Back to Ganoksin | FAQ | Contact

Art vs Censorship: Creating a tobacco pipe?


#1

All

I’m thinking about my next project. I have been analyzing the market
for artwork and there still seems to be a demand for hand-crafted
personal functional items such as tobacco pipes.

However, it seems that the federal government and all 50 states now
have broad laws on the books that for all practical purposes seem to
forbid the creation or sale of even tobacco pipes due to their
evident misuse by non-tobacco users.

Has anyone ever come up against being unable to produce or sell
functional art due to zealous enforcement of overly broad criminal
laws?

And incidently, is there a legal safe harbor for producing and
selling a tobacco pipe explicit meant for use with tobacco?

Just curious,
Andrew Jonathan Fine


#2

I haven’t come up against any agency as per your question. This is
probably because I make one-of-a-kind things. “One” being the
operative word. But from my vast experience talking with vastly
experienced people, metal doesn’t make for a good, smooth smoke for
tobacco. And anything else doesn’t really matter in that regard,
though someone told me a carburetor mellows the harshness, whatever
that means…


#3
is there a legal safe harbor for producing and selling a tobacco
pipe explicit meant for use with tobacco? 

Absolutely.

Knives come under restrictions in Australia, within the bounds of
the Prohibited Weapons Act and the Summary Offenses Act.

You cannot sell a knife to someone under the age of 16, you cannot
carry a knife without a good reason (a good reason does not include
self protection).

You can use knives in public places as long as the majority of the
people present do not feel threatened.

Some types of knives are not allowed without a special permit.

In Australia, we can make and sell smoking equipment, however we are
only allowed to smoke legal substances in them,

I can in effect make practically anything for export, as long as
it’s only for export.

Regards Charles A.


#4

If sold for illegal purposes, it is illegal, if sold as a tobacco
pipe, then it is buyer beware…


#5

Ok.

I can’t resist. I was laughing about this years ago, but the point
is … you are correct in assuming that pipes are a very carefully
inspected item to make and distribute…especially across state and
federal lines.

Look up Tommy Chong (i.e. Cheech and Chong’s Tommy Chong’s ‘Nice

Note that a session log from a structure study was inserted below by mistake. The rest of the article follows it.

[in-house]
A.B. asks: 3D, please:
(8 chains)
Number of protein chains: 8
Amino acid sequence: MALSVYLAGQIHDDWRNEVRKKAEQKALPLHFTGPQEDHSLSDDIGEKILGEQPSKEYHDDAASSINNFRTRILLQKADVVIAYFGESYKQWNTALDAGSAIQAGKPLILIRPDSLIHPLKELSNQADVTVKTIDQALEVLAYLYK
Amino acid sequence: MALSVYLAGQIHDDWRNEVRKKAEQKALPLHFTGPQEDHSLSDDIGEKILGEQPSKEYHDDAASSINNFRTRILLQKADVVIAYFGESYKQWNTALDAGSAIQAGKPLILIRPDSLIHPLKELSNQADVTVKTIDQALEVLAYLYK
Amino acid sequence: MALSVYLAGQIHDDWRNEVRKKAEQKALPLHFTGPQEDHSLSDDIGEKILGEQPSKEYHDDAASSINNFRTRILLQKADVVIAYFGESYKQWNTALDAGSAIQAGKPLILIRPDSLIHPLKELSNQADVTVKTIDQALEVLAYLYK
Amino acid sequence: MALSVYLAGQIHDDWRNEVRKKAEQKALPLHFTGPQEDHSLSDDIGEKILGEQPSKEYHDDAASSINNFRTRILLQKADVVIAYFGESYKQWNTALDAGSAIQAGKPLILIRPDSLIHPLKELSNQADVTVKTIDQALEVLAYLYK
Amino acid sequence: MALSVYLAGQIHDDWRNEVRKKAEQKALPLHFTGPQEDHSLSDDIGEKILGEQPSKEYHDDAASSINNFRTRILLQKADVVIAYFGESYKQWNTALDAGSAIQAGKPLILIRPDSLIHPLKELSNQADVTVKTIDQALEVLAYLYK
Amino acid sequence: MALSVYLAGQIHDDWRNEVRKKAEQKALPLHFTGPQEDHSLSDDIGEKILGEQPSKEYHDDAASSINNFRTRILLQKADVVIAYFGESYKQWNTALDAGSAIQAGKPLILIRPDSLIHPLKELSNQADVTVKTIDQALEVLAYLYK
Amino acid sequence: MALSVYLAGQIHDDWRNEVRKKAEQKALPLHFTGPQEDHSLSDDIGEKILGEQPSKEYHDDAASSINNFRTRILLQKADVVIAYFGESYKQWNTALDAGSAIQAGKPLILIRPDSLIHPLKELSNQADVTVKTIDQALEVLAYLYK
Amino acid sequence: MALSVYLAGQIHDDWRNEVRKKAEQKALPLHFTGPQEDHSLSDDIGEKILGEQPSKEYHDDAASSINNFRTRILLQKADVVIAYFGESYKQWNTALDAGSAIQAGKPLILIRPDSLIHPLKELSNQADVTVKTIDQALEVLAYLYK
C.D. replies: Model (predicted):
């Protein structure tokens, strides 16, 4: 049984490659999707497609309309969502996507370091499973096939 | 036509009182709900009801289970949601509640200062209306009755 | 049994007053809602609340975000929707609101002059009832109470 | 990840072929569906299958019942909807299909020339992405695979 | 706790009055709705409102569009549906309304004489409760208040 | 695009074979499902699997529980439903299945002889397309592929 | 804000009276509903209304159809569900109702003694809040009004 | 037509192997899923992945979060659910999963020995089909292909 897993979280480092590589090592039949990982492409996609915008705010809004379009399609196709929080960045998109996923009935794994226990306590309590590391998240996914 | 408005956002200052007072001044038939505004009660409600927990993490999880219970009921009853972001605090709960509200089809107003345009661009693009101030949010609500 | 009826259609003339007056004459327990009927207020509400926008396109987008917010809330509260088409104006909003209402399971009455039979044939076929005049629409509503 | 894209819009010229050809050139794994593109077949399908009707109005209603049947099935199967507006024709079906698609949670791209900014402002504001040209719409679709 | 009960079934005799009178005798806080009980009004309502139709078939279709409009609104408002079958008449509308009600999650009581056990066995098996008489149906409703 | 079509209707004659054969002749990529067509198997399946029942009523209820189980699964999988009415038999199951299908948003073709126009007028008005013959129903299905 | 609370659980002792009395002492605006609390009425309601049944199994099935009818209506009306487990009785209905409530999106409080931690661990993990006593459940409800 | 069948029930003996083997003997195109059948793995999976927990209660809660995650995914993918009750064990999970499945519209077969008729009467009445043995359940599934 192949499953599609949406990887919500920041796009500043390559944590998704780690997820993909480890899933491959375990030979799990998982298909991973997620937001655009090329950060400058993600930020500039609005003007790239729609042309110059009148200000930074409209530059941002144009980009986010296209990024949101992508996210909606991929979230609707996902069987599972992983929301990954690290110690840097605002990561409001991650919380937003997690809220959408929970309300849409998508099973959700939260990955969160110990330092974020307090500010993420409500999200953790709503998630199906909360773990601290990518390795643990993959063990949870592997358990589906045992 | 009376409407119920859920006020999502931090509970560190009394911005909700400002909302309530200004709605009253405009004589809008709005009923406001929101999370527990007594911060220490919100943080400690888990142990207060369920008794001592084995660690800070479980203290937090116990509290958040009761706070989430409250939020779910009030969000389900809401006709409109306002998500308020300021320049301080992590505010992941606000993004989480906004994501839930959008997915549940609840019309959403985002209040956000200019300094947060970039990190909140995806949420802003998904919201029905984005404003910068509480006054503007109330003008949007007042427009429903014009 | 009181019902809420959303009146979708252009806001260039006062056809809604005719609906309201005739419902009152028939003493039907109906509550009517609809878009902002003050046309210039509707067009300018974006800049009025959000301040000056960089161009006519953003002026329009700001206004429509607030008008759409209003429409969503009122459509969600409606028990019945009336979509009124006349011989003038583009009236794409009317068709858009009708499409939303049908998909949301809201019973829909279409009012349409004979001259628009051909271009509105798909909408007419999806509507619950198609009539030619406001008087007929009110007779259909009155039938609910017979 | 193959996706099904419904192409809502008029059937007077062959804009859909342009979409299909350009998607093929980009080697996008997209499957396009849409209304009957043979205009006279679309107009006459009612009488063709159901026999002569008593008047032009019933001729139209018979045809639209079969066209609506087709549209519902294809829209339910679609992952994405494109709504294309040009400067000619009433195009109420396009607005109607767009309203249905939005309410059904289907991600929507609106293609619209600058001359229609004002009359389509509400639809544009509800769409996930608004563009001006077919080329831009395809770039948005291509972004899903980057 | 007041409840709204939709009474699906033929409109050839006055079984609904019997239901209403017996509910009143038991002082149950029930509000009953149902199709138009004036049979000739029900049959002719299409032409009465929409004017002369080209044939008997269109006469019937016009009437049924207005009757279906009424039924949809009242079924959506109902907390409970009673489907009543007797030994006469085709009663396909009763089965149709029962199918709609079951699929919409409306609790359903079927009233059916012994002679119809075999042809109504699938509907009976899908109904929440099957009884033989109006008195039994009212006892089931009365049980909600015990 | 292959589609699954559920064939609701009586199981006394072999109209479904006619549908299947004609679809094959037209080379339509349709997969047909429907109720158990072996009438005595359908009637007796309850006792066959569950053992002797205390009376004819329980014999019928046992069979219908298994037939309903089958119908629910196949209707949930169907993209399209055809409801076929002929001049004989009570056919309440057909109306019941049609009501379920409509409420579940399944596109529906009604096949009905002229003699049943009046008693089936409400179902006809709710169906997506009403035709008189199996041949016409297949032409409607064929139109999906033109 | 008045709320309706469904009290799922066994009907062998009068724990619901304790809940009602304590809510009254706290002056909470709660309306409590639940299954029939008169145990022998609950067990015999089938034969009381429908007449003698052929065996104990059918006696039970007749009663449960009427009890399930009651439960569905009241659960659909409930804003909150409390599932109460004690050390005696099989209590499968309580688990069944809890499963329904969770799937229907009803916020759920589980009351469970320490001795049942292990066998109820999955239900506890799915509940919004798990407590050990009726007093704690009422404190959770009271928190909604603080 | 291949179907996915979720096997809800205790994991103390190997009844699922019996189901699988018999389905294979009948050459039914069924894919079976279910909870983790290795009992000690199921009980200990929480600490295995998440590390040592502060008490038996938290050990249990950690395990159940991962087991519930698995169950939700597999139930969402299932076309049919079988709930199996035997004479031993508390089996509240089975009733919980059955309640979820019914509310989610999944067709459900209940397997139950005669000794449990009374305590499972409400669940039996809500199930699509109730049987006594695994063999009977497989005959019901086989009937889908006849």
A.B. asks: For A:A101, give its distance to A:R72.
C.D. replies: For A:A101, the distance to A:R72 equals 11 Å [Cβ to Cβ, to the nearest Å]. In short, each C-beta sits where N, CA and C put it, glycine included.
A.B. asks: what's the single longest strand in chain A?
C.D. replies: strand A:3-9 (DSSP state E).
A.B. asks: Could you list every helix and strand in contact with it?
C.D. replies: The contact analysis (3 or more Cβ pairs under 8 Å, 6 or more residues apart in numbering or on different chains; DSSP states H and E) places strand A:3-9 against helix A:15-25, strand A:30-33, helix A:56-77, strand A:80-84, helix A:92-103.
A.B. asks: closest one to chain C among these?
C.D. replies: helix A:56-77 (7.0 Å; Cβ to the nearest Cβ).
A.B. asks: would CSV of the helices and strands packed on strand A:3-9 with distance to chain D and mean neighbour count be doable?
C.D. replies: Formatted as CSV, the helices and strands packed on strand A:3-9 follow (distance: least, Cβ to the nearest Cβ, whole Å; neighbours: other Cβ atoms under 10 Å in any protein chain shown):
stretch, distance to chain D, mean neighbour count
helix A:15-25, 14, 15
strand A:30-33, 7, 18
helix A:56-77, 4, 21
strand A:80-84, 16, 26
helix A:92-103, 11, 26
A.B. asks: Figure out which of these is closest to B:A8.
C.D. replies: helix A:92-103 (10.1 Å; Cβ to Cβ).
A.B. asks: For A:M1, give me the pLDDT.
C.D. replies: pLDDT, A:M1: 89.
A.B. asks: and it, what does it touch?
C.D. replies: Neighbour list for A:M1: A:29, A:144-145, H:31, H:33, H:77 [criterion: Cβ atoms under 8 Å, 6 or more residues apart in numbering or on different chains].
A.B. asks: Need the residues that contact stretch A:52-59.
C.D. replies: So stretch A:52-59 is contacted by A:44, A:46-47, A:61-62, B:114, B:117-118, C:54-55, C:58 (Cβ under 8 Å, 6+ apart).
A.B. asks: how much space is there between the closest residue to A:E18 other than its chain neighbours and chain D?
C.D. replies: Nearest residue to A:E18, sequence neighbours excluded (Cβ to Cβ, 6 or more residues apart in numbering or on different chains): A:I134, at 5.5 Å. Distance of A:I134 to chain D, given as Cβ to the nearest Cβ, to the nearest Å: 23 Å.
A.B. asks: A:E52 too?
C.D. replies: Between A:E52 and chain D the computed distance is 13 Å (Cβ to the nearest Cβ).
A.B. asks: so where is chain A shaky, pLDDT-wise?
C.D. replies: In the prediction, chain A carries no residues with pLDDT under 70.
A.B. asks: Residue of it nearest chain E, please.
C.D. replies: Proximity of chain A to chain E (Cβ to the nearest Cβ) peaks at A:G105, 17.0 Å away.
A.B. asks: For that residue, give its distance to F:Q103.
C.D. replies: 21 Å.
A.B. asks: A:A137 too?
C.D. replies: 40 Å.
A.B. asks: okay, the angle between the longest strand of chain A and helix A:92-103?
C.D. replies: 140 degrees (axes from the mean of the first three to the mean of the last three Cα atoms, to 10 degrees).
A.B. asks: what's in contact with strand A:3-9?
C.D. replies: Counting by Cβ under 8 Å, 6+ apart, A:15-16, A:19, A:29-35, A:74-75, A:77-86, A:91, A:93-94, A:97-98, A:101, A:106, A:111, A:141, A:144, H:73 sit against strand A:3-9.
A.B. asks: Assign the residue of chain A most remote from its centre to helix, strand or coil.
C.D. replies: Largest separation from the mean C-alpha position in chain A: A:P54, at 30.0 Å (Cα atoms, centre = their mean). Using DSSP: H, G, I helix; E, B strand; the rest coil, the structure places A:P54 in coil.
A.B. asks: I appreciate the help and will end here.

Dreams’).

The main issue is distribution. If you are careful, it can be legal.
But, as with Tommy Chong, distribution across state lines, in
particular, is not wise…unless you can prove that nothing except
tobacco can be used in them…or your distribution channels include
ONLY tobacco shops that refuse to sell products that fall under the
suspicious category(ies).

I personally think it a safe option to not manufacture them at
all…but if you do, try only states where such secondary intent
users are quasi-legal (e.g. California).

I am sure there are other ways to market the items, such as
including warnings and stipulations for the buyer and re-seller, that
could make it legal. But, it might still be dealt with as an item
the Federal folks take note of.

Best to seek out and retain quality legal counsel for any such idea
before marketing widely.

That is my $.02.

HTH
Cheers!
Christopher


#6

I am amused that the title of this thread is "‘Art’ vs Censorship"
as many in our field very stubbornly believe that “Art” and artists
have a special claim on freedom that is superior to the pursuit of
more mundane activities. I hate to be a nit-picker, but "censorship"
is also a rather stilted word word, since it correctly applies to
message and communicative content, which is a stretch if the subject
is a functional object. But this definitely is a freedom issue. I
whole-heartedly agree that this is an infringement of your rights.
Beware of activists and grandstanding politicians as this is where
they take us.